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The contractual relationship between a songwriter or music composer
and a music publisher, whereby the writer assigns part or all
of his or her music copyrights to the publisher in exchange for
the publisher's commercial exploitation of the music.
Music publishing has been an important
part of the U.S. entertainment industry since the early twentieth
century. Songwriters contract with music publishing companies
to exploit their songs, with both parties sharing the income generated
from the songs. Before the introduction of musical recordings,
songwriters and publishers earned their income primarily from
the sale of sheet music. In the modern era, songs can be commercially
exploited in many types of media, including recordings, radio,
television, film, and video. Music publishing is governed by U.S.
copyright law, but much of the law of music publishing is negotiated
through private contractual agreements.
Music publishers are powerful intermediaries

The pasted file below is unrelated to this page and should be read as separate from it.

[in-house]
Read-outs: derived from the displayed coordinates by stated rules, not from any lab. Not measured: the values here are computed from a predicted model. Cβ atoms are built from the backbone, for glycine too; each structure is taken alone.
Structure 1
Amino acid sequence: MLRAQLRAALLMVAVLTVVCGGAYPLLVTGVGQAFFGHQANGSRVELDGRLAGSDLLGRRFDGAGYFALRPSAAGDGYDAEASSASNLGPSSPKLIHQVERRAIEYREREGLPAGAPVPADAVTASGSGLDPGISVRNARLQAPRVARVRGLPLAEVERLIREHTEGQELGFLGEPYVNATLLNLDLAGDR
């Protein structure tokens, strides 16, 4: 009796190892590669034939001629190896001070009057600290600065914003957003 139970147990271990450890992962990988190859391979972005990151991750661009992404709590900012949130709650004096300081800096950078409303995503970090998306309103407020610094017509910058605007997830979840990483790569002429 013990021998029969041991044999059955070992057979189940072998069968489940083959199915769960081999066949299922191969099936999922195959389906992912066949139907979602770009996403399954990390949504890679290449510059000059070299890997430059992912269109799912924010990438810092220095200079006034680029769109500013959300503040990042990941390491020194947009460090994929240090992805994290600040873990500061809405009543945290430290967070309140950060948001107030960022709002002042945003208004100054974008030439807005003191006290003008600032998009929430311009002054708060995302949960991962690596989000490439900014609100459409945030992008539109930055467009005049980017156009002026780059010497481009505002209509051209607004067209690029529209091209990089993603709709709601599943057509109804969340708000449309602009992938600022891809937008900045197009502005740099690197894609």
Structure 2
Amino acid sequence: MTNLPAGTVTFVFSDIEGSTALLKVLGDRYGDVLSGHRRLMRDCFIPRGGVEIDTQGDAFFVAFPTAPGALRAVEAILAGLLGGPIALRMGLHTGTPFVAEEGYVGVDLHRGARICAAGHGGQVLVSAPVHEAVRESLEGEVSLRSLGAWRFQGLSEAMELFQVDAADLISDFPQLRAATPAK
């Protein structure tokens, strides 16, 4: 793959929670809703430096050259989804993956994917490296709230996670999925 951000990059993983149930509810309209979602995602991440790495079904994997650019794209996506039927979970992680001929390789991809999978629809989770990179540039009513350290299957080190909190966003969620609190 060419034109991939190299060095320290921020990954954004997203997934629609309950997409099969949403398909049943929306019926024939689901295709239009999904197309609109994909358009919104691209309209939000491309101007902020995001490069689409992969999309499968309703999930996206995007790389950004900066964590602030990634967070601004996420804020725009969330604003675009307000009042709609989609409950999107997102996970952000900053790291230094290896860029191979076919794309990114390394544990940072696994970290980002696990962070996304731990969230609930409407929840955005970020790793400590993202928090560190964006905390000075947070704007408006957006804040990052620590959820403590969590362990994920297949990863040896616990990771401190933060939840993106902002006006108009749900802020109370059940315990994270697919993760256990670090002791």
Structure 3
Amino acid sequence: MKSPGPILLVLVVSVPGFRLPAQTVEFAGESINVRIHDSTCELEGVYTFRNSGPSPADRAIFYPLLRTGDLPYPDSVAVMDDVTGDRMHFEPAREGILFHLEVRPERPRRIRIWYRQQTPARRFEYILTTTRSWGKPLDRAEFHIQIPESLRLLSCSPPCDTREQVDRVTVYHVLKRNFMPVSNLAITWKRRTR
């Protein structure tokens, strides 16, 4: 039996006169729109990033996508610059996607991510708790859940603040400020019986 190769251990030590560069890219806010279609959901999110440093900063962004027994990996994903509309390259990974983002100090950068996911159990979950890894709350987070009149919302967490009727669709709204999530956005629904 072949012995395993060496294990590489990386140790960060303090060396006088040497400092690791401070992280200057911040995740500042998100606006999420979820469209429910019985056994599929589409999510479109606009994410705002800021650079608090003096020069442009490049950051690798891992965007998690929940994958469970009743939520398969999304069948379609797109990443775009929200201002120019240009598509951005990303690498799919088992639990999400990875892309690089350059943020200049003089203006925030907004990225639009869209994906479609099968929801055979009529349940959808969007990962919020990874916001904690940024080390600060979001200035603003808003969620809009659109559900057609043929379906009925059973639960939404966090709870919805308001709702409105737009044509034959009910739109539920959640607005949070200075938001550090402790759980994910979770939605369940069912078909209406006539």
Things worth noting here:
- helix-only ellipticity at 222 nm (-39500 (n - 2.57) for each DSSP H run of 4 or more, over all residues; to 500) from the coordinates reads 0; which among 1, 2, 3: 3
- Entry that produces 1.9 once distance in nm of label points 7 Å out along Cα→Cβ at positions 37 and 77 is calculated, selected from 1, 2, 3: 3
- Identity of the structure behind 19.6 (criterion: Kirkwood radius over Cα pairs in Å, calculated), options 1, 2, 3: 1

between songwriters and recording companies. Typically, a music
publisher demands copyright ownership from the songwriter, along
with half of the royalties. A publisher may make a large cash
advance to a popular or promising songwriter, but often the advance
is minimal. In return, the publisher seeks to place the songwriter's
compositions with performers who will make a recording. In addition,
a publisher will try to place songs in films, television shows,
and advertisements. If the songwriter is also a performer, the
publisher will assist the artist in obtaining a recording contract.
The publisher also assumes the responsibility of collecting royalties
and giving the songwriter his share.
Publishing income comes from various sources,
but it is separate from income derived from retail sales of recordings.
Income from recording sales flows to the owner of the recording
(usually the record company), which then pays a contractually
negotiated recording royalty to the performer. The owner of the
recording separately pays the publisher of the recorded compositions
a mechanical royalty for the right to record, copy, and distribute